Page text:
With the price of gold declining 6.66% during the three months that passed, the second quarter ended softly. From the beginning of 2021’s first quarter, was the poorest performance. Additionally, XAU/USD is still at the same value it was at this time two years ago.
Strangely, despite a number of beneficial aspects, gold deteriorated. Specifically, on June 30, the US dollar and Treasury rates both declined. This was in reaction to PCE core figures that were lighter than anticipated. PCE, the favored inflation indicator of the Federal Reserve, indicated an easing of pressures from underlying rising prices.
Despite this, the market sentiment struggled to benefit from a Fed that was not as aggressive, probably as a result of growing worries over a recession in the United States. In a bind, the Fed is. The central bank must make a more assertive shift to make up for its lack of urgency in light of the growing inflation from 2021. Additionally, the global financial monetary policies becoming more restricted is not inherently favorable for metals such as gold.
Until the markets end this week, gold volatility may continue to be limited. Figures from the United States ISM manufacturing PMI are expected within the upcoming 24-hour period. A 54.5 result is expected for June, decreasing from a 56.1 result in May. Unless there is a significant shock on any side, XAU/USD may continue to follow the current market trend.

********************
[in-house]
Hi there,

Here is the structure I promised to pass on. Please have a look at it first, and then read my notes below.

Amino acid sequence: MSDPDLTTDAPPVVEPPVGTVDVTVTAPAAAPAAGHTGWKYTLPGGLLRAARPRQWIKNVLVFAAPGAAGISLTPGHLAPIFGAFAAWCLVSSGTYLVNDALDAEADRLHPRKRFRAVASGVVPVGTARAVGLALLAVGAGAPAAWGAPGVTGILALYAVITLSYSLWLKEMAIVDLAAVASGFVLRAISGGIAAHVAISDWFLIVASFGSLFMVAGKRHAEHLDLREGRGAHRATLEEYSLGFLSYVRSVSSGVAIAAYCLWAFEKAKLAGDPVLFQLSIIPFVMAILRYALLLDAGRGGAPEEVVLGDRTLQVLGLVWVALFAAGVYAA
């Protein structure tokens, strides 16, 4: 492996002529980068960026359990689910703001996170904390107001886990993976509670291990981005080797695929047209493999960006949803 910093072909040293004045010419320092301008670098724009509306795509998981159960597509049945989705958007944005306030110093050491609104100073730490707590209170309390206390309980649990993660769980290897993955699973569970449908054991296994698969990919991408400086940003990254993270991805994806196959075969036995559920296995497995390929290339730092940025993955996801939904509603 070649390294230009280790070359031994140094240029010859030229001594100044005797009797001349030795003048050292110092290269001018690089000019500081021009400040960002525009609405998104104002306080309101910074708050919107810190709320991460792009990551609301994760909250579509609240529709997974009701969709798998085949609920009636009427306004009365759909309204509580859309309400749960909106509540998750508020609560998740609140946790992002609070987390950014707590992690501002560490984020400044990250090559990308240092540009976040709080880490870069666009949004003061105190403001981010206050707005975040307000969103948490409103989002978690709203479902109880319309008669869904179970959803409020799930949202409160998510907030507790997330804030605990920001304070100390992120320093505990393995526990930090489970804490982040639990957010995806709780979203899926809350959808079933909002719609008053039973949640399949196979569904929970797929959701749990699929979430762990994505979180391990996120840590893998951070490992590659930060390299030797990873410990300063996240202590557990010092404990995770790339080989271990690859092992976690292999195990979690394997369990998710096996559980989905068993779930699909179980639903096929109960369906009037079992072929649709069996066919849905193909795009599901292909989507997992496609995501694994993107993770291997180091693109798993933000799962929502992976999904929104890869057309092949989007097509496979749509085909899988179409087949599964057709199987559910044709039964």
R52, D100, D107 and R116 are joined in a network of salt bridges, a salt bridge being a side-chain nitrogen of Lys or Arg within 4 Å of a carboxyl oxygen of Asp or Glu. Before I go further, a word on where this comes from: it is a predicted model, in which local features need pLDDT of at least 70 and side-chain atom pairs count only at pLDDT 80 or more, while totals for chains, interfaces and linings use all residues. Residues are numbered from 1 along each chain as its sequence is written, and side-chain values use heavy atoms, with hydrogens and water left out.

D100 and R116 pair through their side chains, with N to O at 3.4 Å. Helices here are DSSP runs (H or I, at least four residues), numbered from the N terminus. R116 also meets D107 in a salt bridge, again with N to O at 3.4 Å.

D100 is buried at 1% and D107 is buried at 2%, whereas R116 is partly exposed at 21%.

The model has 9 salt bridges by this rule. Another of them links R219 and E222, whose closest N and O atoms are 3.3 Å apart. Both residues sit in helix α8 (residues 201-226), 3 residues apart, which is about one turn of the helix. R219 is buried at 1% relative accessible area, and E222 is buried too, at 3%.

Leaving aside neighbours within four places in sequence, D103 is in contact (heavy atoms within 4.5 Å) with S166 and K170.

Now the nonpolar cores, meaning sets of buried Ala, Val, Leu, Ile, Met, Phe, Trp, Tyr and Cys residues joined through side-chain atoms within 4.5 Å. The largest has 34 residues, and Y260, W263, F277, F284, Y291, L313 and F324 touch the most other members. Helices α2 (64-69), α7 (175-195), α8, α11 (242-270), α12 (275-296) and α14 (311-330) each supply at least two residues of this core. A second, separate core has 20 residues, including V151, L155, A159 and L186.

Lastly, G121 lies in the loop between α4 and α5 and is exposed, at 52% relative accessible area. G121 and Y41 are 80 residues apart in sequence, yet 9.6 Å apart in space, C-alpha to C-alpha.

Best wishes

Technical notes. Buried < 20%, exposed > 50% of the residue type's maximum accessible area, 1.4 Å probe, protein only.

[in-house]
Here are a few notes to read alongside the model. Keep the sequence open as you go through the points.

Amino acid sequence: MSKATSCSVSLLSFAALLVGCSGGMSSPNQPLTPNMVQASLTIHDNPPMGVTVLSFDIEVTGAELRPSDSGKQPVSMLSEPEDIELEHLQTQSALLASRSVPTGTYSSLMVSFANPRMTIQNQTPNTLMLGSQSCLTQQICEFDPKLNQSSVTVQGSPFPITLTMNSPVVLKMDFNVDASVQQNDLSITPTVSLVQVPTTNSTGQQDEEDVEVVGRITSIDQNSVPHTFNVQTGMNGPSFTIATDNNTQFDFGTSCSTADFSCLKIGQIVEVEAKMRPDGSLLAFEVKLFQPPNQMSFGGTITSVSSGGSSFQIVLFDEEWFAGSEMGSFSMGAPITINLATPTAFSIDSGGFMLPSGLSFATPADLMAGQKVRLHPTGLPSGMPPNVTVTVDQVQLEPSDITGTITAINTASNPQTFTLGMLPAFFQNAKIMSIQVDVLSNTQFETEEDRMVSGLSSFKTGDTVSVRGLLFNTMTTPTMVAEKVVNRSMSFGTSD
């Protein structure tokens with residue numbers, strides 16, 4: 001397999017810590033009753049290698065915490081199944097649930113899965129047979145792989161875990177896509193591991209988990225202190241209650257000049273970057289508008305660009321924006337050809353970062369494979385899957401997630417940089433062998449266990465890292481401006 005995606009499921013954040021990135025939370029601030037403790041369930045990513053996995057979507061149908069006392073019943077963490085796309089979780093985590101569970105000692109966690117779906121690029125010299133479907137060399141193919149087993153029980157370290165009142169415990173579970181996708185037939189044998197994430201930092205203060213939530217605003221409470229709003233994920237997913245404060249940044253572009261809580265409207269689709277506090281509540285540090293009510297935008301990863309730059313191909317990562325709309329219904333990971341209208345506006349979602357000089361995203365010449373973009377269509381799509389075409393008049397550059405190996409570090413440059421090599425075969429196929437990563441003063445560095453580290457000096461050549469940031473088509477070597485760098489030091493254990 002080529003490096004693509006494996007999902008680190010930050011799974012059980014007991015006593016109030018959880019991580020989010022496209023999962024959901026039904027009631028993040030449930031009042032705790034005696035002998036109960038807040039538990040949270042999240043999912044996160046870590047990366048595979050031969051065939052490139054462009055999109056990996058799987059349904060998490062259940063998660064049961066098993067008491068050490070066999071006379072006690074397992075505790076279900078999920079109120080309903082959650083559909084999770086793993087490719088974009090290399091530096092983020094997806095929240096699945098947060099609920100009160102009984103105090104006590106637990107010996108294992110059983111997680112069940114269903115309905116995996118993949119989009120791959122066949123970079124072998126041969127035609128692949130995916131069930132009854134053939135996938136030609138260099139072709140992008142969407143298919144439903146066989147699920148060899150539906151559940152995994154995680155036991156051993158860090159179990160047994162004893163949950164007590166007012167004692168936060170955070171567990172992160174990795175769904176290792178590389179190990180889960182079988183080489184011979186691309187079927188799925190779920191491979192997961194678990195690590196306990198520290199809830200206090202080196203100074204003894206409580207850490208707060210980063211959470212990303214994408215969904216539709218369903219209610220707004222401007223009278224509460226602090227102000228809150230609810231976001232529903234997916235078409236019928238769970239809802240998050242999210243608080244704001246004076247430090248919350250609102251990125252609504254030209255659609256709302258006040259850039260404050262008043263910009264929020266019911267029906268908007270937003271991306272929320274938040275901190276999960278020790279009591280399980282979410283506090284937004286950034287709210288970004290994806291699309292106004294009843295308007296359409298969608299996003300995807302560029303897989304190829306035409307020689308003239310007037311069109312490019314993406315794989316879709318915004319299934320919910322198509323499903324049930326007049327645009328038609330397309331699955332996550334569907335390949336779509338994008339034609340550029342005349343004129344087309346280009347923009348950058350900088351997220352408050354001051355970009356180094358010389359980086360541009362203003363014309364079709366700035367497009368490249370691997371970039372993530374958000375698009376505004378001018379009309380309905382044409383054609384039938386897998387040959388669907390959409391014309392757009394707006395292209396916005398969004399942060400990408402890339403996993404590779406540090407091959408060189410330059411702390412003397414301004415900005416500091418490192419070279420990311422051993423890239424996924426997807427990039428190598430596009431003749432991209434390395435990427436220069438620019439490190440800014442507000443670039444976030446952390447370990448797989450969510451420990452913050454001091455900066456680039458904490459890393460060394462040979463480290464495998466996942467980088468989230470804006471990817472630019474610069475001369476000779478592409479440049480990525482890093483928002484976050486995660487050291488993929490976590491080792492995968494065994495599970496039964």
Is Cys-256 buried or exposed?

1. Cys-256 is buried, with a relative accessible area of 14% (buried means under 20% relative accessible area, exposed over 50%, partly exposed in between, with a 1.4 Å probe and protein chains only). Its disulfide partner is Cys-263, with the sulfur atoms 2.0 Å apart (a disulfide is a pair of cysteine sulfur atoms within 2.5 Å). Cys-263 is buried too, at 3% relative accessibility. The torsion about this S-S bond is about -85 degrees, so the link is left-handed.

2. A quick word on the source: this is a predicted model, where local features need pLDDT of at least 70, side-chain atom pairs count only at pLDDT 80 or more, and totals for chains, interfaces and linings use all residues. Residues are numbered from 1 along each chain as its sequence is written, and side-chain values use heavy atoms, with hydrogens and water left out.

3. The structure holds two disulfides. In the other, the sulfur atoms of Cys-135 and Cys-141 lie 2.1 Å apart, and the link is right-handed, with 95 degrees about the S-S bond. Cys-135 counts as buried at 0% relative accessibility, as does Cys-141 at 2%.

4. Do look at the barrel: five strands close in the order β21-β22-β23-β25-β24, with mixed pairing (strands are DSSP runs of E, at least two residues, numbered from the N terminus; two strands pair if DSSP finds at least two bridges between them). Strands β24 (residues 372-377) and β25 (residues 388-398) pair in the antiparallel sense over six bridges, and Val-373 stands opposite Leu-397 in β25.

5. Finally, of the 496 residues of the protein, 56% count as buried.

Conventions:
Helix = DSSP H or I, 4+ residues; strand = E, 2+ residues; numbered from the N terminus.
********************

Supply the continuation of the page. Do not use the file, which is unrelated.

Gold’s recent drop has pushed XAU/USD further into the 1787–1810 support range. Crossing this level might portend more suffering for the yellow metal. A declining trendline from March has been pushing the pair downward. This line may restore the main downward focus in the case of a turn increasing.
Approximately 86 % of individual traders are net-long gold, according to the IGCS measure. This is an indication that values may drop significantly because IGCS frequently acts as a contrarian signal. In comparison to June 30th when negative exposure fell by 5.67%, data from the week before show a 16.91% decline.